In Part Six we focus heavily on his crew All In All. He talks about “Sunshine Men” and where he and his partner, Mellow D were at mentally when we they made that song. It was fueled by their frustration of the artists who were getting all the recognition on the LA Hip Hop scene. At the time, it was mostly either Electro styled Hip Hop or artists who were transplants from other places amd moved to LA to build a rep. He goes on to say about "Sunshine Men" that to this day, “I stand by it. There’s nothing I would retract.”
He elaborates on his and Mellow D’s distaste for the so-called Hip Hop Magazines that were more teenie-booper focused. Then a few months later they discovered The Source. He explains how they were blown away by groups in the Unsigned Hype column, like Puppets Of Chaos. He then talks about sending in the All In All demo to The Source and getting the call from Matty C saying they won and how he felt that was like being knighted in the Hip Hop world they admired. He explains how they had to rush to get their picture done, so he rushed over to the Movie Theater were Mellow D worked at and they went in the basement to take a quick flick (with Mellow D fresh out of his theater uniform!).
He reveals how that Source article got them on the radar for some industry people. At one time DJ P (a.k.a Paul Stewart) and Tony Mylan (??) (Herbie Hancock’s then manager) were both trying to manage them. He speaks on regretting not going with DJ P, who had came to them with a deal with Steve Rifkind right after he signed Tung Twista and they could have been the second artist on the label.
However, they choose Tony Mylan as a manager because he was an industry veteran. He arranged for them to fly to New York and work on a project with Bill Laswell, Bernie Worrell, and the Jungle Brothers ("Blacktronic Science" album '93). He recalls hanging out at Herbie Hancok’s house and looking at his room full of literally every sampler made, including a Linn Drum modified to be a sampler, which Herbie let them borrow!! Tony also arranged for them to record in a studio at Universal Studios were they COMPLETED an All In All album!!! J-Sumbi has the finished album on DAT Tape and talks about some of the songs on the album.We close this segment talking about a Freestyle Fellowship show in Santa Monica. While selling tapes after the show in the audience J-Sumbi is approached by a lady who wants to buy a tape, so he sells it to her. A few days later he gets a call from her and finds out she is Kim Bouie, A&R for 4th & Broadway/Island Records, and wants to set up a meeting with Freestyle Fellowship. He breaks down how the meeting and discussions about signing with the label went. He explains how he had reservations on signing with the label because of what he knew about how the label was known to treat artists, which was he and Mellow D decided to not be a part of the deal. He speaks on being around during the making of “Inner City Griots”, but made a conscious choice not to be on the record. He also explains how the concept of Freestyle Fellowship being a group and not a collective of individual artists was born from this deal with 4th & Broadway/Island. The legend continues...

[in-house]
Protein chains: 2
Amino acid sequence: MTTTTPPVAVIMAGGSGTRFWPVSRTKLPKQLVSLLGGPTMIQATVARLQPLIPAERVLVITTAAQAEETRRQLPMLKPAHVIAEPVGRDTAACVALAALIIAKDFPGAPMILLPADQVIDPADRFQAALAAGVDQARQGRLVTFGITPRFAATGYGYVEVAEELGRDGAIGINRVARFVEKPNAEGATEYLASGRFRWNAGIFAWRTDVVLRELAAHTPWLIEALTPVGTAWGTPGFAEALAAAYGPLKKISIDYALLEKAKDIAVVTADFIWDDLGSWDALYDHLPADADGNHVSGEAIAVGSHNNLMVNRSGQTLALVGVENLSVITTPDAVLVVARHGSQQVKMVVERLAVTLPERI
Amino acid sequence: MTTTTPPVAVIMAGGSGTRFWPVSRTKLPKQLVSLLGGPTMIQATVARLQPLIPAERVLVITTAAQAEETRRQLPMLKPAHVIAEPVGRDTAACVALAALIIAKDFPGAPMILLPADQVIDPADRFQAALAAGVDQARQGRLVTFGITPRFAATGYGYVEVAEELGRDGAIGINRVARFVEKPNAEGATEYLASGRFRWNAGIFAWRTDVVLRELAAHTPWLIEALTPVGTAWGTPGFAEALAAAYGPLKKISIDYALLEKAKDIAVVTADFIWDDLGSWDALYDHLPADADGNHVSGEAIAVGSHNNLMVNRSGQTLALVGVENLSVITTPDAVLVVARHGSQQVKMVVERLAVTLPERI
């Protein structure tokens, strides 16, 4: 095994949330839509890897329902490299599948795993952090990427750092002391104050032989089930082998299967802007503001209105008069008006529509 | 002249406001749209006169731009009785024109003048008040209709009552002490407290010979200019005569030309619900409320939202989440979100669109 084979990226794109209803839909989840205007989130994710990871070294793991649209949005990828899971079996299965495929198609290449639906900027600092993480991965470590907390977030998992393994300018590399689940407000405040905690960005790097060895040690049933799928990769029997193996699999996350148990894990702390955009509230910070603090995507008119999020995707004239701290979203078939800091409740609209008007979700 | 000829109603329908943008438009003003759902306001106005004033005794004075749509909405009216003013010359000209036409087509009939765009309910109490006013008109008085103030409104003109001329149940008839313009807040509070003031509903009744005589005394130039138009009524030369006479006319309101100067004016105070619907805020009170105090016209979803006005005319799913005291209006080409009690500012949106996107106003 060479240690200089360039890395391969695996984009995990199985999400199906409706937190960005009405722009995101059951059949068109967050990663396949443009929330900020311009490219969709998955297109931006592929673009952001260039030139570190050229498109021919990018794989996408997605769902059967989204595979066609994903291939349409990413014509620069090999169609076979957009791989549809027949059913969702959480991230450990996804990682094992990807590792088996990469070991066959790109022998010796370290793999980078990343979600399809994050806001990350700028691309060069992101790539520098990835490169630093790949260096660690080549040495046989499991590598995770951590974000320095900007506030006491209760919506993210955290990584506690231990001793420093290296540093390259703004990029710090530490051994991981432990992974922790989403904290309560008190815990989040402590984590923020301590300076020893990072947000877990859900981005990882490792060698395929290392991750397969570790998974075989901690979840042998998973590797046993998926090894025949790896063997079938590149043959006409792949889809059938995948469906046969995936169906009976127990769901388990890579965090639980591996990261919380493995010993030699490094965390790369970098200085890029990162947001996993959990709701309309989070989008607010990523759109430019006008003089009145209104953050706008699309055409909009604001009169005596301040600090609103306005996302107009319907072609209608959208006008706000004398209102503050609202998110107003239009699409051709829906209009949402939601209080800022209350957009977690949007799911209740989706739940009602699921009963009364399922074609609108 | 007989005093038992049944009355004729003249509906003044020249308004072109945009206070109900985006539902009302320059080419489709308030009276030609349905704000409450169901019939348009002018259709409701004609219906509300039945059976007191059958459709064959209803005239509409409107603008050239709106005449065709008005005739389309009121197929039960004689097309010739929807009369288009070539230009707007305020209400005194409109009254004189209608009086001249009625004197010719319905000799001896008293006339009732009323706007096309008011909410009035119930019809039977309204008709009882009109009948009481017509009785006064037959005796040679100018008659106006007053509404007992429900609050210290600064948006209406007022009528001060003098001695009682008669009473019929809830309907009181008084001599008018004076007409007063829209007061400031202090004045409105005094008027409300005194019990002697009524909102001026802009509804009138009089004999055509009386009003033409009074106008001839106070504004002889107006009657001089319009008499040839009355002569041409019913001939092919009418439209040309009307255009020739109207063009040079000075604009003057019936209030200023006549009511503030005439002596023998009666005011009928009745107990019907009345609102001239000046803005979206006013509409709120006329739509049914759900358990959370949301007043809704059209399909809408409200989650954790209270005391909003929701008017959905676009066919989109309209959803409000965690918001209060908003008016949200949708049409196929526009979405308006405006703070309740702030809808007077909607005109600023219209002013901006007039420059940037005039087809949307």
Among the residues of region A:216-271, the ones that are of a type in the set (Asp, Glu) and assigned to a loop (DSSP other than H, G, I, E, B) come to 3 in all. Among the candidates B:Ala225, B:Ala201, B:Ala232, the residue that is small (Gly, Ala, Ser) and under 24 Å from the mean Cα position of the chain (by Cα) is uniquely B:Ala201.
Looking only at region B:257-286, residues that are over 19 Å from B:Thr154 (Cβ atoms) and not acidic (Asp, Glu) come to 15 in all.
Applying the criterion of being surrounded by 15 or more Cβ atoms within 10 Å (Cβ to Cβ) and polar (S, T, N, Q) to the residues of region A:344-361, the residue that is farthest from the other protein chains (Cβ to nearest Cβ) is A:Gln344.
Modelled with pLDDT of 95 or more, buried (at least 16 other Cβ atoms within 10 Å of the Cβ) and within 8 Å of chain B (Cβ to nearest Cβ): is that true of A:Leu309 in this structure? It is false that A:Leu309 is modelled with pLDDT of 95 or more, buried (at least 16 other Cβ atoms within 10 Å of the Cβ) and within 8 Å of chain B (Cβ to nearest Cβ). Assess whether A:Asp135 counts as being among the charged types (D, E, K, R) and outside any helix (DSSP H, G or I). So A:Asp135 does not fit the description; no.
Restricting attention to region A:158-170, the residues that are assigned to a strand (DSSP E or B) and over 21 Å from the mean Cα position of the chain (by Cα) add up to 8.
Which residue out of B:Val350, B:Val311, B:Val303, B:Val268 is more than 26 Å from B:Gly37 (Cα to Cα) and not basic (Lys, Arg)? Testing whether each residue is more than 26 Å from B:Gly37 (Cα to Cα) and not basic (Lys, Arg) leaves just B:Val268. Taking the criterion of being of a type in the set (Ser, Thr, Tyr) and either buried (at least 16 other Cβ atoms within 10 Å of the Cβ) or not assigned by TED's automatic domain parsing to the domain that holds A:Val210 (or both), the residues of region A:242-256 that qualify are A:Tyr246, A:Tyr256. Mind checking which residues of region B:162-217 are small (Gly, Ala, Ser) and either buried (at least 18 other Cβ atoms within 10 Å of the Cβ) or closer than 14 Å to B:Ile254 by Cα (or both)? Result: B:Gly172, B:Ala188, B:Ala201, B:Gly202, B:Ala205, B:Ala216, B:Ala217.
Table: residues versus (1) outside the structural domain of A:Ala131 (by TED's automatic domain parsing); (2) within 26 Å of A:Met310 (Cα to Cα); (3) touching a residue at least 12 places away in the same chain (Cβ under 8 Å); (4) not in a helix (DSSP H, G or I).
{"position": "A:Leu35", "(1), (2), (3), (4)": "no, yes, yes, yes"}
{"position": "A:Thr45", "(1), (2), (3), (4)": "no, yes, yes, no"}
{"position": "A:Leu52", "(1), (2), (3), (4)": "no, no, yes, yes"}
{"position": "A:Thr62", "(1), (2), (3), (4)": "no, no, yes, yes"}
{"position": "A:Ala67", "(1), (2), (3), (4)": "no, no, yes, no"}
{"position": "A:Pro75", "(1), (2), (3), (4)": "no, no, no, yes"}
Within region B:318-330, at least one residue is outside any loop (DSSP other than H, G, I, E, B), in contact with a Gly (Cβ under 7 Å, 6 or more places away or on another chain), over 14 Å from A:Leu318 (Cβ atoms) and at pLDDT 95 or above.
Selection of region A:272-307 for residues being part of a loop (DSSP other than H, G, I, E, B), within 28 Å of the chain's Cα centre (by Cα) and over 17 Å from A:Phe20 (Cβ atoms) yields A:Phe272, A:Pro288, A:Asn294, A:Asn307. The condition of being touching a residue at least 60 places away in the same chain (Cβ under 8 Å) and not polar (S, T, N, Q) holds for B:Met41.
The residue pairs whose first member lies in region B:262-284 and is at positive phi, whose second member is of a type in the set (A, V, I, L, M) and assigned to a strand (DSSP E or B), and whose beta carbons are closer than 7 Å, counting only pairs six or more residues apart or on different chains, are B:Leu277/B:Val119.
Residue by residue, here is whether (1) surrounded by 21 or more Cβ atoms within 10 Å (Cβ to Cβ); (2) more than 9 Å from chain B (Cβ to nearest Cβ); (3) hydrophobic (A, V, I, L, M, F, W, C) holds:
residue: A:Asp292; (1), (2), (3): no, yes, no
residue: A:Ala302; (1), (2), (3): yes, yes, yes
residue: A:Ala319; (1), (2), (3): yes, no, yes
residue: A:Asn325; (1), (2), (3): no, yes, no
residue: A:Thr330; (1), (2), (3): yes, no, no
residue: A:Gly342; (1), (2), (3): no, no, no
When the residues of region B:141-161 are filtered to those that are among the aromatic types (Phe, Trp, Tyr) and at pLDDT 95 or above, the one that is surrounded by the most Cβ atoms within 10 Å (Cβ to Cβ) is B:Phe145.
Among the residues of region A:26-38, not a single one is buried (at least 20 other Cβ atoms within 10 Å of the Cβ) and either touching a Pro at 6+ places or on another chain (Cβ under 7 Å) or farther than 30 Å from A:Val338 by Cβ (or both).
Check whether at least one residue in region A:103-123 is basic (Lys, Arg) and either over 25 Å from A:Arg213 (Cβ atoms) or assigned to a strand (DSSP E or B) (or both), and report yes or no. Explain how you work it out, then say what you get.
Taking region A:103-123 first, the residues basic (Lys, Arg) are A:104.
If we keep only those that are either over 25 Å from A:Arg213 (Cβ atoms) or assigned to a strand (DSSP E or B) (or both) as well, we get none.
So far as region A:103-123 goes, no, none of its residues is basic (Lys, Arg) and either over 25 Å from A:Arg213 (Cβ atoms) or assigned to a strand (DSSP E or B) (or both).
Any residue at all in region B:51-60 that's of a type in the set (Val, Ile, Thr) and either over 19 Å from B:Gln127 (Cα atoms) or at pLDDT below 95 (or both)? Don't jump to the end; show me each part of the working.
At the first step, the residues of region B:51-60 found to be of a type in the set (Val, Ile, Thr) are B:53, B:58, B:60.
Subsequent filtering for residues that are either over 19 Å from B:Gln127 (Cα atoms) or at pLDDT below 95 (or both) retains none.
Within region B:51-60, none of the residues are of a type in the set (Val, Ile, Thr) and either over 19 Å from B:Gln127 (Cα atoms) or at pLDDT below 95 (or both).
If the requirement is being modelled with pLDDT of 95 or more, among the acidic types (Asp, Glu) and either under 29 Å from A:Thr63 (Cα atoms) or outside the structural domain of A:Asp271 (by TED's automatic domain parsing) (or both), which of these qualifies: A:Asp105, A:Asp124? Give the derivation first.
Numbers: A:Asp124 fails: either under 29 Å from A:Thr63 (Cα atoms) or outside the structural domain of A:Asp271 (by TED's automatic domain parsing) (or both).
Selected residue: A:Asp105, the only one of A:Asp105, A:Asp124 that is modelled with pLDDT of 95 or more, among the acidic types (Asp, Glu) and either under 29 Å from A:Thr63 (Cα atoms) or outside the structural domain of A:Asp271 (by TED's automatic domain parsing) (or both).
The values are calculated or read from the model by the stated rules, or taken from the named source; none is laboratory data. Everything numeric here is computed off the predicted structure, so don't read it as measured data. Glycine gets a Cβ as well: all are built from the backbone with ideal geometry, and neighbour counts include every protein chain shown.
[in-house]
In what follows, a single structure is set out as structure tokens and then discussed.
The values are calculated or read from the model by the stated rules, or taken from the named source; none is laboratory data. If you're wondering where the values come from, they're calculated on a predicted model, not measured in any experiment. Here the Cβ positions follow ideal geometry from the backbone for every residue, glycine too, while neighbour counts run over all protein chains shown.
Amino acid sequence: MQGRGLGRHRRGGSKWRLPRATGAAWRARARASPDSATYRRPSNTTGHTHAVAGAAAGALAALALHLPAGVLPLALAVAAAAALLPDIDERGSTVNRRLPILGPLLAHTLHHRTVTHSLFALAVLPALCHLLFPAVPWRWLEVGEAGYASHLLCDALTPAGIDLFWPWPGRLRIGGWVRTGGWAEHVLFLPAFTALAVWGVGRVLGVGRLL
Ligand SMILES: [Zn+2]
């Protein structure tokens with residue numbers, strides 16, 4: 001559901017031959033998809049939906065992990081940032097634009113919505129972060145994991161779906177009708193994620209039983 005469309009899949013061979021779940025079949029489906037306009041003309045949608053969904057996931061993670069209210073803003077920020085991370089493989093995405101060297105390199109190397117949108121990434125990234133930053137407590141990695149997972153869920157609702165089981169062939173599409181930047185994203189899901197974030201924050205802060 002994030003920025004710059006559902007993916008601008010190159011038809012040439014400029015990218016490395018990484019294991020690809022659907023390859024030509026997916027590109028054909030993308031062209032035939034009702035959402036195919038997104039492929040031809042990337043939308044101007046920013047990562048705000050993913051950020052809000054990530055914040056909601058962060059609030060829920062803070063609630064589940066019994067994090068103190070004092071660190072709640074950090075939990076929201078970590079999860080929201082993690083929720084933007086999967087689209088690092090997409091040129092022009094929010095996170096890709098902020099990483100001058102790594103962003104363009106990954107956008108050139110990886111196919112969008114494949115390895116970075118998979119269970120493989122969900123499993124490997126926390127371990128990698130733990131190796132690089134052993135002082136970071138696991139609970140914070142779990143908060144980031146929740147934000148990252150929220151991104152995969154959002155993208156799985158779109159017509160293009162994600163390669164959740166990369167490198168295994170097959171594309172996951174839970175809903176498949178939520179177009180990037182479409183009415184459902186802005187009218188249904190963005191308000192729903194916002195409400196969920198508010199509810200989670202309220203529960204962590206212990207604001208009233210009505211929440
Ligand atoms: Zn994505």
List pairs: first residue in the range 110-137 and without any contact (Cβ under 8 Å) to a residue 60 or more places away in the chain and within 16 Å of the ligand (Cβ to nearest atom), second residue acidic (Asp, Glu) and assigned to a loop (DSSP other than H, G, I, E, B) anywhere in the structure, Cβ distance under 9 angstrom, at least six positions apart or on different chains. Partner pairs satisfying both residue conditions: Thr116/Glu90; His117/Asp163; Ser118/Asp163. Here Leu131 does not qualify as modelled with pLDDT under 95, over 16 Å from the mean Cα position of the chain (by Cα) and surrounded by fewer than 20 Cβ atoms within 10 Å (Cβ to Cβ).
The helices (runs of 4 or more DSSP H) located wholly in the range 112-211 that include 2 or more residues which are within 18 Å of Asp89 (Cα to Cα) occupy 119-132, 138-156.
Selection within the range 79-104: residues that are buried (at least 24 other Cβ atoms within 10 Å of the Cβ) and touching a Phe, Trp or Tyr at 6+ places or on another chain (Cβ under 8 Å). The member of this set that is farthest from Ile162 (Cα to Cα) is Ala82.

Interview & Text By Kevin Beacham
Video Shot & Edited By Adam Stanzak Of Oh Boy Films